• Bioremediation, involving microbial digestion of certain organic chemicals. Techniques used in bioremediation include landfarming, biostimulation and bioaugmentating soil biota with commercially available microflora.
  • Extraction of groundwater or soil vapor with an active electromechanical system, with subsequent stripping of the contaminants from the extract.
  • Containment of the soil contaminants (such as by capping or paving over in place).
  • Phytoremediation, or using plants (such as willow) to extract heavy metals

See also

References

  1. ^ Risk Assessment Guidance for Superfund, Human Health Evaluation Manual, Office of Emergency and Remedial Response, U.S. Environmental Protection Agency, Washington D.C. 20450
  2. ^ Facing up to “invisible pollution”
  3. ^ Snyder C (2005). "The dirty work of promoting "recycling" of America's sewage sludge". Int J Occup Environ Health 11 (4): 415–27. PMID 16350476. Free full-text (registration required)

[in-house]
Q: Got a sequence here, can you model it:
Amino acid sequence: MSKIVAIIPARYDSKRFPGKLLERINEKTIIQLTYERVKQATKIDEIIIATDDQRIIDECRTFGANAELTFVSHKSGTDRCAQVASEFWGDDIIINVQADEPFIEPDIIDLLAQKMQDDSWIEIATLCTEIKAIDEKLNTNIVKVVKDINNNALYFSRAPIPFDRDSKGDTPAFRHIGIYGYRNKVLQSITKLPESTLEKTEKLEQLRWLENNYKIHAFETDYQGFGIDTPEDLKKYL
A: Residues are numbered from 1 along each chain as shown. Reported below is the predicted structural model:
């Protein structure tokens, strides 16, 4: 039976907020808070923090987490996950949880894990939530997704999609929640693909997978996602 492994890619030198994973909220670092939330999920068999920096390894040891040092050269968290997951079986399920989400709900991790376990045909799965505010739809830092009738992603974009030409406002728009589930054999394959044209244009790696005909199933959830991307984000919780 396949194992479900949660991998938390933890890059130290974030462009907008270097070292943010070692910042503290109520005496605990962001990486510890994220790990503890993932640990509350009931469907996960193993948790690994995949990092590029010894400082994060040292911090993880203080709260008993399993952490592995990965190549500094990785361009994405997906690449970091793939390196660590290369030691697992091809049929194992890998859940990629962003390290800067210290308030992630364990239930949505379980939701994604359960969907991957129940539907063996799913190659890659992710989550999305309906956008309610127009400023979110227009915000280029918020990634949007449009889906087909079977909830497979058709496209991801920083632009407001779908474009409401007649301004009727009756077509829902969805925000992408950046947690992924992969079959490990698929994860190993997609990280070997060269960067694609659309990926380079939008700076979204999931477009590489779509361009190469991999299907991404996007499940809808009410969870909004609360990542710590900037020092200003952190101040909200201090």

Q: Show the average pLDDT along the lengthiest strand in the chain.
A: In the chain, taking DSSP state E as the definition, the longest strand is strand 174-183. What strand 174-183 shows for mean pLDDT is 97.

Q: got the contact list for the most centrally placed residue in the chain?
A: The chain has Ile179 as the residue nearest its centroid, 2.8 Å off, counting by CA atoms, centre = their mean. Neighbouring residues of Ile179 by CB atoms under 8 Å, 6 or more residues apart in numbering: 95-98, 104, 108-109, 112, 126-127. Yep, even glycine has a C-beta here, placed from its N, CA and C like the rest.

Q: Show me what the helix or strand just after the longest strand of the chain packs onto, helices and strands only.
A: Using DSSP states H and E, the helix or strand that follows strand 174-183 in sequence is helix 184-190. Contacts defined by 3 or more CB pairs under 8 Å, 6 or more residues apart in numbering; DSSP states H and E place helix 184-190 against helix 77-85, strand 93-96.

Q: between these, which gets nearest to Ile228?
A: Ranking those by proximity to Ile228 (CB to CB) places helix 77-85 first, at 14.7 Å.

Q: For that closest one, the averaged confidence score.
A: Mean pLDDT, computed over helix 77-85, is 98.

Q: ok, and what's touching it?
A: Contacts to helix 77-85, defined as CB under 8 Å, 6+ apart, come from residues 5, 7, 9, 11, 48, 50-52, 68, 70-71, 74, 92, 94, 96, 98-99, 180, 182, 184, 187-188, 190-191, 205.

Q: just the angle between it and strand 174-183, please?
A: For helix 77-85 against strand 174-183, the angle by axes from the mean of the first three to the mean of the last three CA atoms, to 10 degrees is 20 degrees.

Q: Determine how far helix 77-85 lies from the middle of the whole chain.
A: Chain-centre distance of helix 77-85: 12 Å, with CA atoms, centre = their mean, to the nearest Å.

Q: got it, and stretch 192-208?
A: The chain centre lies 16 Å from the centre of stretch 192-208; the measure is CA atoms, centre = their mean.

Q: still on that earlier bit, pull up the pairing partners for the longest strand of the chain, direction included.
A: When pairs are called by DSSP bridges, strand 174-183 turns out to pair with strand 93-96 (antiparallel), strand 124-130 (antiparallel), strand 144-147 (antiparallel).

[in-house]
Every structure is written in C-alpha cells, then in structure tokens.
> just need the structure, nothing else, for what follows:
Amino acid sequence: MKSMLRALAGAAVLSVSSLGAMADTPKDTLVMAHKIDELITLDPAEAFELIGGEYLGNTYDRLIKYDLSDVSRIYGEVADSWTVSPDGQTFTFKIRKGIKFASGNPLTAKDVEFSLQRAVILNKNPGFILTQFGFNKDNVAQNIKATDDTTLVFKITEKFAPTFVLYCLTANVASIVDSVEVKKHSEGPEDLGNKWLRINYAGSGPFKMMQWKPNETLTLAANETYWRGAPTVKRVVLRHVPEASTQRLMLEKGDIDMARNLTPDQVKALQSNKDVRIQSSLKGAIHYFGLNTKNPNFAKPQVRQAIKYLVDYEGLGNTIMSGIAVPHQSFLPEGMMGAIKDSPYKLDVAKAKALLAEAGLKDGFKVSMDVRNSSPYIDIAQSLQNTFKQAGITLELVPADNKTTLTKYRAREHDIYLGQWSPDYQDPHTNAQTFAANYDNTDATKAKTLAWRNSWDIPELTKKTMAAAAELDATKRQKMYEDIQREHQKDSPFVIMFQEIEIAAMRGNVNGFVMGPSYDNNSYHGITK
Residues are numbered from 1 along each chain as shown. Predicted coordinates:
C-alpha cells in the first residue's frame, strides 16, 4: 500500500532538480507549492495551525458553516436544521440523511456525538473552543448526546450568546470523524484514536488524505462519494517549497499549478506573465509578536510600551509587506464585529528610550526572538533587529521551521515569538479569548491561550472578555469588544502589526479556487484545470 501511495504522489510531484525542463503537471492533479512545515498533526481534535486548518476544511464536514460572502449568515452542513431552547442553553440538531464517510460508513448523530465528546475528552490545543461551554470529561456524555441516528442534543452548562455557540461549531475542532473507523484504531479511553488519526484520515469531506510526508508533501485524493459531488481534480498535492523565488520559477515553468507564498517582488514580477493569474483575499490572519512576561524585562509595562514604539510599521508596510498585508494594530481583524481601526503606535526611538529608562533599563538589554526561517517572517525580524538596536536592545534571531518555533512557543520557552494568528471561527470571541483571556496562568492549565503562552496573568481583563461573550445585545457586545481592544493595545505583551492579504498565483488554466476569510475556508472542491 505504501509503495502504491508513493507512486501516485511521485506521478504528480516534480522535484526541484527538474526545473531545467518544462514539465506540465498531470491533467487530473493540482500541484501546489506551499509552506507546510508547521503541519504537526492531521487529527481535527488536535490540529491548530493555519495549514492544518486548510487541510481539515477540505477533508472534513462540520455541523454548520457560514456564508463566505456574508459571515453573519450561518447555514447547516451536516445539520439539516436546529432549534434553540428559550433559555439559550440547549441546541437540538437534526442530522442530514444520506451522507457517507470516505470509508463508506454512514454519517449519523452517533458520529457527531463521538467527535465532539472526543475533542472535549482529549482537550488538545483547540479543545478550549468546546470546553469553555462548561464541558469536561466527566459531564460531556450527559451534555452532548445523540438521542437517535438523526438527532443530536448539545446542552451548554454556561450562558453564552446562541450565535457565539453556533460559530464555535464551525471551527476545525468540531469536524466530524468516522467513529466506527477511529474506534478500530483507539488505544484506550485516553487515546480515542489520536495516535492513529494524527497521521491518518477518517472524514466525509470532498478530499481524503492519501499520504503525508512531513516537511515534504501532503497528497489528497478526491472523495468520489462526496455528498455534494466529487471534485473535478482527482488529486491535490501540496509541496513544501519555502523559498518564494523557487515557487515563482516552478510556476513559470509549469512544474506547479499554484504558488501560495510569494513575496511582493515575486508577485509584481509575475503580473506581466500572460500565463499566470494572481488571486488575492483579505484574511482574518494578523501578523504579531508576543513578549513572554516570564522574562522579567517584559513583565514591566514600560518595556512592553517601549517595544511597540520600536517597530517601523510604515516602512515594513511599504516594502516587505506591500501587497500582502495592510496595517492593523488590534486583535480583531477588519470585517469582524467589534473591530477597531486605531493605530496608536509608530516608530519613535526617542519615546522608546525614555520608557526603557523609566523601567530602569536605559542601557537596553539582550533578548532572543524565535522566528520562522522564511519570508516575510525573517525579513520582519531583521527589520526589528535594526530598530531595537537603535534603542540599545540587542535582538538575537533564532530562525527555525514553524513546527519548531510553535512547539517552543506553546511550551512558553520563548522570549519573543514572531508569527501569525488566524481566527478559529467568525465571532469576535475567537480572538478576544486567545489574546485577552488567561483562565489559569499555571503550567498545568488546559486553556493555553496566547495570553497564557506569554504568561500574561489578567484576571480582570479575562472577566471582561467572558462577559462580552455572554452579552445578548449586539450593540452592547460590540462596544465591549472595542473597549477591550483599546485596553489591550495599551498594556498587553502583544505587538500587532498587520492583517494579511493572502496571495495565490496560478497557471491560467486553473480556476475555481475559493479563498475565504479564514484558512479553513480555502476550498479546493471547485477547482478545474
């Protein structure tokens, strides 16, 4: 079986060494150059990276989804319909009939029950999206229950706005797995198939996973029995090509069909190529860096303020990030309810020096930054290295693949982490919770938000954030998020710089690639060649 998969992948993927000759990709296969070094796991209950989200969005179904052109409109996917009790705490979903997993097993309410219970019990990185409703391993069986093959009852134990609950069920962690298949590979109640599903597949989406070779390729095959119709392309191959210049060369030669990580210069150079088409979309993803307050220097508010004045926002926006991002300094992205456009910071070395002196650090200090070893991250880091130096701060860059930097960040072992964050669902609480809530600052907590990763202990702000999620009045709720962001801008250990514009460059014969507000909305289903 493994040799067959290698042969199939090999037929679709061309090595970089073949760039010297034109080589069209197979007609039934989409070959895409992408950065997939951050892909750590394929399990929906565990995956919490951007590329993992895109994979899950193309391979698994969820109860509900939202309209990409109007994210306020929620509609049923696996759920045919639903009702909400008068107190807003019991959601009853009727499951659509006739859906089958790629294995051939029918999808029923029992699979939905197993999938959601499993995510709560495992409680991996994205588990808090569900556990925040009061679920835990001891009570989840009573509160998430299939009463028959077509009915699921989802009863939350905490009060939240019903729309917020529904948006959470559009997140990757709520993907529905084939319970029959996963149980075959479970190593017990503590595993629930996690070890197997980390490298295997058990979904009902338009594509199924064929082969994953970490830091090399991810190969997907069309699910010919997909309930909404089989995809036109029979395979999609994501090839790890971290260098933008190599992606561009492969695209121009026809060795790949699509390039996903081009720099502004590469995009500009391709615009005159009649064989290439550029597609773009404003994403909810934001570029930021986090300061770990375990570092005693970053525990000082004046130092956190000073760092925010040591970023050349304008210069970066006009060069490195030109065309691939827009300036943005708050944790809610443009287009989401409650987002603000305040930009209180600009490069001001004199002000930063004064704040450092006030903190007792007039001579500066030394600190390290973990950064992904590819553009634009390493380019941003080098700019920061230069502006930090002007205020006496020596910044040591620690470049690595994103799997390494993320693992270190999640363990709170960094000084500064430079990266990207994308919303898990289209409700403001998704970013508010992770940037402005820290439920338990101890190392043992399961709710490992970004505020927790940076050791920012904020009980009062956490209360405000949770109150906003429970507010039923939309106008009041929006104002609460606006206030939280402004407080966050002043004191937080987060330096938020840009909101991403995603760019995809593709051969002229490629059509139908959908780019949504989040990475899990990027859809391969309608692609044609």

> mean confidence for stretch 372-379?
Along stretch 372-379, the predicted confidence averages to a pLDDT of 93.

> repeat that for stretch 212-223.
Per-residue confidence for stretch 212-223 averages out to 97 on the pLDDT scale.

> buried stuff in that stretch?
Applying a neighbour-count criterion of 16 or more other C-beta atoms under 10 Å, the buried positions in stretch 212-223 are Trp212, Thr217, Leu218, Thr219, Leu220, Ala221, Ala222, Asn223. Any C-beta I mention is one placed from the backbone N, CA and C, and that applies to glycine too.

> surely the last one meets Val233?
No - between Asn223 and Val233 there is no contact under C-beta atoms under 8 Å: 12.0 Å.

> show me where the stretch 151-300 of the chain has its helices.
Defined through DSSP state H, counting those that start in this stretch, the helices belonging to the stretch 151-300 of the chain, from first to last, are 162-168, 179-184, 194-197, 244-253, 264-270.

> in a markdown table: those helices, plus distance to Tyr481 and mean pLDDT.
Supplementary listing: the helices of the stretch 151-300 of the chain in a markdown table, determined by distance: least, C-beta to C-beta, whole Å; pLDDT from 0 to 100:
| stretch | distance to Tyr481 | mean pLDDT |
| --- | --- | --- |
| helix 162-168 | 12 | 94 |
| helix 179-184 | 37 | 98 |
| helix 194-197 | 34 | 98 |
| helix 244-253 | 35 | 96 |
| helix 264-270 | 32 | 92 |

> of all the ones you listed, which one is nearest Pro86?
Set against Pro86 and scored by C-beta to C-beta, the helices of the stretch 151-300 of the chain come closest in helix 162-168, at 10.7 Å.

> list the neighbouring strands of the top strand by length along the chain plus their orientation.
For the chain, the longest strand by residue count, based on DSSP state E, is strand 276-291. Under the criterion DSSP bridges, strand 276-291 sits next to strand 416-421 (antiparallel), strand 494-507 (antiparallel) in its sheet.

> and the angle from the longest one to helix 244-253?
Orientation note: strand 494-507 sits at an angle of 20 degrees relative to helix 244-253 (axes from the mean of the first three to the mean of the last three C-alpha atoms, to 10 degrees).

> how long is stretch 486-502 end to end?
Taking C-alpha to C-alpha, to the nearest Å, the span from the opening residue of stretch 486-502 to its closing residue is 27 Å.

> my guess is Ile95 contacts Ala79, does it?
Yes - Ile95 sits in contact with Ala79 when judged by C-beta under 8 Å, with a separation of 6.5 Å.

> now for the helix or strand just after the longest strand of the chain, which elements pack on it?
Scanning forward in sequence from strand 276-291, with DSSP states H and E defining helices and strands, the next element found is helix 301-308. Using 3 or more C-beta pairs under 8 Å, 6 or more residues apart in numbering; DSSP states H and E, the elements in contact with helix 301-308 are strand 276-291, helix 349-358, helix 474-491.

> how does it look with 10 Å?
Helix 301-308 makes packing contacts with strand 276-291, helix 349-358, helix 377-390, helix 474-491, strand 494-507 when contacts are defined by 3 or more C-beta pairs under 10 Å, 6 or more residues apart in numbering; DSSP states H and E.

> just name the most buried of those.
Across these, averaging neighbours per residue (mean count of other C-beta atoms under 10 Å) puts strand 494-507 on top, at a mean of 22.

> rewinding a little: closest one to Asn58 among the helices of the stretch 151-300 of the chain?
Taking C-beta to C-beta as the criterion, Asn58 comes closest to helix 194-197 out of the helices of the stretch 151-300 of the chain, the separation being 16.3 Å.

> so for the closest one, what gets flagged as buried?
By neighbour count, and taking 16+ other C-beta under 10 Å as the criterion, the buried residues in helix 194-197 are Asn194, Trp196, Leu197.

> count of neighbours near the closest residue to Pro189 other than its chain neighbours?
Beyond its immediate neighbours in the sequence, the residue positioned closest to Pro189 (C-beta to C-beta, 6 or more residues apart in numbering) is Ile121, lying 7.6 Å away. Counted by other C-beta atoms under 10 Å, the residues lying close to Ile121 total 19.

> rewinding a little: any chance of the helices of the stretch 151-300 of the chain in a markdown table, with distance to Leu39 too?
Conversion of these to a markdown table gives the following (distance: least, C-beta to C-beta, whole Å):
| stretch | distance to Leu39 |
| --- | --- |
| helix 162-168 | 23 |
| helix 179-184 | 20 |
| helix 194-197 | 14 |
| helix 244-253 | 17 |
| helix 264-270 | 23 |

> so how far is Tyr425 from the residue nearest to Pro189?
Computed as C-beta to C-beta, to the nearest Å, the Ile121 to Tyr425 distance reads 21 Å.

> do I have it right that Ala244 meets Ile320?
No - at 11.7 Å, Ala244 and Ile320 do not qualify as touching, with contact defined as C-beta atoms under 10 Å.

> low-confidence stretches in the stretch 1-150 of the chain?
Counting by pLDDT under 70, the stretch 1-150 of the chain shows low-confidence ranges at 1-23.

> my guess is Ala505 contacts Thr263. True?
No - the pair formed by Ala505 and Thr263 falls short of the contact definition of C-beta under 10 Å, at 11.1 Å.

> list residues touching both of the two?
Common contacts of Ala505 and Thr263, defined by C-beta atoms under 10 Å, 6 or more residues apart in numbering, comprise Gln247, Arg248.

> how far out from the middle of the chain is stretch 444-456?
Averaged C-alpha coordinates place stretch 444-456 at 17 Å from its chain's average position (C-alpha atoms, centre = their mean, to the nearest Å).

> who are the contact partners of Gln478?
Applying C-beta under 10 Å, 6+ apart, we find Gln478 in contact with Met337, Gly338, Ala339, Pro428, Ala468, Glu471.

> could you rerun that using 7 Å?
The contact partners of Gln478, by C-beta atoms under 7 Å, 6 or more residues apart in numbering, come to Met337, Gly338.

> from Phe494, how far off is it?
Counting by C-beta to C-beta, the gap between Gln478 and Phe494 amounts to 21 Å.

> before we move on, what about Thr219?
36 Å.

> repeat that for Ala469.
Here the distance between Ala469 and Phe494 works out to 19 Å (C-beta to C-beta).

4. ^ http://yosemite.epa.gov/water/owrcCatalog.nsf/065ca07e299b464685256ce50075c11a/383316fae0e9065285256cfd0048e1d2!OpenDocument
  5. ^ Article on soil contamination in China
  6. ^ Michael Hogan, Leda Patmore, Gary Latshaw and Harry Seidman Computer modelng of pesticide transport in soil for five instrumented watersheds, prepared for the U.S. Environmental Protection Agency Southeast Water laboratory, Athens, Ga. by ESL Inc., Sunnyvale, California (1973)
  7. ^ S.K. Gupta, C.T. Kincaid, P.R. Mayer, C.A. Newbill and C.R. Cole, "A multidimensional finite element code for the analysis of coupled fluid, energy and solute transport", Battelle Pacific Northwest Laboratory PNL-2939, EPA contract 68-03-3116 (1982)